Lipizzaners bring magic - Lipizzaners

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Lipizzaners Bring Magic
Photos & Text by Robyn Kirk
robynk@caxton.co.za

The South African (SA) Lipizzaners Centre wanted to give Johannesburg’s vulnerable children something that they could carry with them for life – memories of a special performance held just for them.

On 16 July, a special show entitled A Winter Wonderland was performed by the white stallions. About 100 orphaned or abandoned children from all over the city were invited to watch the show. "For this show, FirstRand Limited, as part of their corporate social initiative, sponsored tickets for the underprivileged children and some adults to come see the performance," explained Adriaan van Wyk, the managing director and a trainer at the centre. "Members of the public were also able to sponsor tickets. The children watched the performance, and then were invited to our coffee shop for food, snacks and drinks for them to enjoy." Van Wyk explained that they wanted to give the children something they would remember, rather than just food or money that would not last forever.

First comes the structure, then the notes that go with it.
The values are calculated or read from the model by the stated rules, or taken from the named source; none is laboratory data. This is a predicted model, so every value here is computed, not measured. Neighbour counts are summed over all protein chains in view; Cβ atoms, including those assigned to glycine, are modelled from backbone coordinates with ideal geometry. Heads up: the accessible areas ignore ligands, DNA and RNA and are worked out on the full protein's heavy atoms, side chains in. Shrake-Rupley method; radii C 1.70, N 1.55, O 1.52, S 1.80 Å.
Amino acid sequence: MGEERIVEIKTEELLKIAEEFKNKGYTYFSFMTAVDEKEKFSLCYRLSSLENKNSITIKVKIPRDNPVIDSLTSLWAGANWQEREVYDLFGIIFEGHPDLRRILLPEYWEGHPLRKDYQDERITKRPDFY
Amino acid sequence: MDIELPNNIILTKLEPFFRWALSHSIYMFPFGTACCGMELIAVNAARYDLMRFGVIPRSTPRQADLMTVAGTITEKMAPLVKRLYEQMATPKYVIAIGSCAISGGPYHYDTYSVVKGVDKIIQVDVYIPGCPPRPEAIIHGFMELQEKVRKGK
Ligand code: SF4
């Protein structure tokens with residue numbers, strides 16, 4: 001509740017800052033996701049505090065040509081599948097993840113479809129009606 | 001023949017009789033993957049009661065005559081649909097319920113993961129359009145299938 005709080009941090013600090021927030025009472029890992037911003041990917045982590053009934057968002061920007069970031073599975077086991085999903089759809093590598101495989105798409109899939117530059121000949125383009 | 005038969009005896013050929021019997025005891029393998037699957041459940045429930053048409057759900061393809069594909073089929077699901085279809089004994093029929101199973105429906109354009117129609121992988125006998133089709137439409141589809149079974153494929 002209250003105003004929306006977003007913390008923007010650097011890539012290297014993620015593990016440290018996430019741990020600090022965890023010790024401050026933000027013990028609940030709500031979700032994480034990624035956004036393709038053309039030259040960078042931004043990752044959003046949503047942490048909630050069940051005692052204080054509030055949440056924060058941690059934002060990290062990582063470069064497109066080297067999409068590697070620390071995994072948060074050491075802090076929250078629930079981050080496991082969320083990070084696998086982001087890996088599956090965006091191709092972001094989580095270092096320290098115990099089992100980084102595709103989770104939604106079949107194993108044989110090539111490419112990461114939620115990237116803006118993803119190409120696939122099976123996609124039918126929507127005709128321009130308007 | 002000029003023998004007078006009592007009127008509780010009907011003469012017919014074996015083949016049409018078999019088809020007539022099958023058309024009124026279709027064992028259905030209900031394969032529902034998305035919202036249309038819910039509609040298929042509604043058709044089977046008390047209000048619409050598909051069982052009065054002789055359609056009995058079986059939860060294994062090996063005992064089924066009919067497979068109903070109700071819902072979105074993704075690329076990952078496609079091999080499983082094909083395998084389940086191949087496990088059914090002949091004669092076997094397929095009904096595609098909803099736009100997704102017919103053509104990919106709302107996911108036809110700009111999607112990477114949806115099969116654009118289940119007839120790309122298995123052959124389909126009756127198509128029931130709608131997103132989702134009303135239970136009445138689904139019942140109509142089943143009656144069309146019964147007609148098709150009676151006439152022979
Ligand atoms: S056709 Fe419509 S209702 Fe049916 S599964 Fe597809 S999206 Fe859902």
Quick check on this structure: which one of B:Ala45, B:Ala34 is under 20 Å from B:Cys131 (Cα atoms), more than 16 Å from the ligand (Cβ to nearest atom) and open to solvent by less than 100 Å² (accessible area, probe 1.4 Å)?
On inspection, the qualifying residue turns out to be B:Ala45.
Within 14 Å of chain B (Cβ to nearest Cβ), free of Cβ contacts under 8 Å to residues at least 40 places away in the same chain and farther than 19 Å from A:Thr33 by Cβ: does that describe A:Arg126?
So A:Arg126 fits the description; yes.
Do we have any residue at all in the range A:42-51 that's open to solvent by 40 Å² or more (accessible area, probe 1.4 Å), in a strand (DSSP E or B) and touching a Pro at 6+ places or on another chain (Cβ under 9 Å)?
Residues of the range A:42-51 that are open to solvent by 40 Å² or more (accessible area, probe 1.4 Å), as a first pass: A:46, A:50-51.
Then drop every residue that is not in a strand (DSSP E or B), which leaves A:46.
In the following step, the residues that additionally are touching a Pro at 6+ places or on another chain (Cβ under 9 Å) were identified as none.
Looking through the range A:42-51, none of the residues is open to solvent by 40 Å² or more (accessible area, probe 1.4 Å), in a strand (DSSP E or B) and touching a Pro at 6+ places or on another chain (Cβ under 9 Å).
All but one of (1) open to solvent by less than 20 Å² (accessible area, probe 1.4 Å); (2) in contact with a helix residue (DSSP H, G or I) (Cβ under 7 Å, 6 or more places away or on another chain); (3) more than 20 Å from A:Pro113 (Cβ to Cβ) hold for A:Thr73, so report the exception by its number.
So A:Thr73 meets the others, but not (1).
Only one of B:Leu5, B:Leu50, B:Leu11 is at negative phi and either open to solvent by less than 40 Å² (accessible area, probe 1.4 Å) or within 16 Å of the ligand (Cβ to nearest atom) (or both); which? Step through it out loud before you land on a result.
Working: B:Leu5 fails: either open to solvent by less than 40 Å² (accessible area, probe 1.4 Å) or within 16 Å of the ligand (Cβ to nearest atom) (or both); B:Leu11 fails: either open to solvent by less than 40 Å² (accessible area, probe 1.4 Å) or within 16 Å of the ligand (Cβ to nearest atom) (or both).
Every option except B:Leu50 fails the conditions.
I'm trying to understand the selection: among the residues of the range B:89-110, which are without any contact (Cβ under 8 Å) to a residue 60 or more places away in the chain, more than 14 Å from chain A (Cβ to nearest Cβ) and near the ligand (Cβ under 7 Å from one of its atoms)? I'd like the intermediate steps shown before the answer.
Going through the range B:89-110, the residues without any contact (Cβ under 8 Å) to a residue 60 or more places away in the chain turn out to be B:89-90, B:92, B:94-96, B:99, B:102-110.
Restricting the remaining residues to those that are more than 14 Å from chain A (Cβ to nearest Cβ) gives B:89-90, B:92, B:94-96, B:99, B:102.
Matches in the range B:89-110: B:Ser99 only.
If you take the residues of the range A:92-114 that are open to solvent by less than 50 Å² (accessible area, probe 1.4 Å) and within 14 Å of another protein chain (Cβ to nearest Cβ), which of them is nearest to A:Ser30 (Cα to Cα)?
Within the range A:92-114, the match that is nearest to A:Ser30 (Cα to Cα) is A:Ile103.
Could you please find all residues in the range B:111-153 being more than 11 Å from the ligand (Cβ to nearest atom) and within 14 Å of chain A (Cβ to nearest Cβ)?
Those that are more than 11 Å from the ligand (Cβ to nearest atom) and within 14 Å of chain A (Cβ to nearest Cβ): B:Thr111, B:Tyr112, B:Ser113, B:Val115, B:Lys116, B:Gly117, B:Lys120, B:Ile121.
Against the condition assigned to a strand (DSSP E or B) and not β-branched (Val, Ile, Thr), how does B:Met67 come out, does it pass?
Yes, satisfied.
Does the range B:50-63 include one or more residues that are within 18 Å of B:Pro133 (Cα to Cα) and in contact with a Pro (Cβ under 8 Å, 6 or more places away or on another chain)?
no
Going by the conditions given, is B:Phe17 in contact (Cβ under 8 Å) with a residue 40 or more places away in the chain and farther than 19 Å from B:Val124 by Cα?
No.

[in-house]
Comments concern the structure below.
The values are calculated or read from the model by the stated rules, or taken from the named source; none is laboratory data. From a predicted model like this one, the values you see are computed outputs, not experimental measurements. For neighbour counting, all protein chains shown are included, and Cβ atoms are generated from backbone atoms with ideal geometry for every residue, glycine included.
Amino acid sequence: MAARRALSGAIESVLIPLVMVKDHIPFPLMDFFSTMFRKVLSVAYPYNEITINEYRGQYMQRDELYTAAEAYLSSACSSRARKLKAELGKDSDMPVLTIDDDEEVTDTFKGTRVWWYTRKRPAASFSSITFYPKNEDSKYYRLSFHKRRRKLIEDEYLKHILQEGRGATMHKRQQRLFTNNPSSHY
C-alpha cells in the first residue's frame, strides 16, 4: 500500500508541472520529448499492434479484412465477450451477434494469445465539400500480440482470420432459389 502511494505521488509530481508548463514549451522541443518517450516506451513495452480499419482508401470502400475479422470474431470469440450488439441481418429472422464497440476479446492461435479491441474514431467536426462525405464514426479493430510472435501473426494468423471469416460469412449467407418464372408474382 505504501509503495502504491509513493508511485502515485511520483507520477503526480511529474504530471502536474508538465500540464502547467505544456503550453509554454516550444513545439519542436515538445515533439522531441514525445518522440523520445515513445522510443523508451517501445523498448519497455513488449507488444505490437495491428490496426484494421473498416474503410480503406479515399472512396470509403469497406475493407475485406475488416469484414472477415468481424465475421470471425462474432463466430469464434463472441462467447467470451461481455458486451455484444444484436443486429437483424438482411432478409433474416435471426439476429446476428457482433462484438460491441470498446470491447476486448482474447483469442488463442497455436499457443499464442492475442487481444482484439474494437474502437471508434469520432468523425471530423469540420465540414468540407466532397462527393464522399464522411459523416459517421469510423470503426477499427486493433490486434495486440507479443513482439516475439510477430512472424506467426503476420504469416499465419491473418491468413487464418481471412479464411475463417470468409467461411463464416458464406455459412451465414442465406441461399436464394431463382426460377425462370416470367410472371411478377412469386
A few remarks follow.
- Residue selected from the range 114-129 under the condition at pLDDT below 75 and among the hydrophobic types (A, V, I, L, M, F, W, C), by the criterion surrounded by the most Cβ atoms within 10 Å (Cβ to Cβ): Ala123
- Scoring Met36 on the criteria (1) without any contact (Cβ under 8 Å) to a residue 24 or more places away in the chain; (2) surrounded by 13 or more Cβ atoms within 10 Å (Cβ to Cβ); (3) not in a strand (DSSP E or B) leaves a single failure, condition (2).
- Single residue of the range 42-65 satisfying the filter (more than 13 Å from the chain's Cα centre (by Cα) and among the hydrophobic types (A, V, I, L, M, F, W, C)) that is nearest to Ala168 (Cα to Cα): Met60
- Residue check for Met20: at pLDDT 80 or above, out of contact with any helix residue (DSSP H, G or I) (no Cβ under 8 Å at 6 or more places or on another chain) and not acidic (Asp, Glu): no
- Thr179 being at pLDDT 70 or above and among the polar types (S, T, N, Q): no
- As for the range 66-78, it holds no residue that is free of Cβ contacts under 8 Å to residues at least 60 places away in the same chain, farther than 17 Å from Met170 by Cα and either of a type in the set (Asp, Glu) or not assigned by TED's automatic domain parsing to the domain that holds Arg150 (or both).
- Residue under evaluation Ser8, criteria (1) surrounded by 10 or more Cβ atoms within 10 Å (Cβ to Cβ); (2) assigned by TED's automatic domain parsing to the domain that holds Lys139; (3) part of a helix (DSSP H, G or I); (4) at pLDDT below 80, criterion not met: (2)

The  Winter Wonderland  performance told the story of a little girl who is transported to a magical world when she starts reading a story book. She experiences a number of classical Disney characters throughout her journey as the Lipizzaners and their riders dress up like the characters from The Lion King, 101 Dalmations, Mary Poppins, Pocahontas, Peter Pan and other classic Disney films. At the end of the performance, riders and their horses came out dressed like some of Disney’s most famous princesses, as the children in the audience gasped and cheered.

One of the children’s homes invited to see the performance was the Yenzani Children’s Home from Midrand, which brought 14 children to watch the  Winter Wonderland. "The children and I really enjoyed it," said Connie Mosetla, Yenzani house mother since 2004. "The Lipizzaner Centre and its sponsors are doing a very good job, and I would ask them to keep up the good work." FirstRand also provides the funds that allow seven less fortunate children to take up equestrian skills.





 
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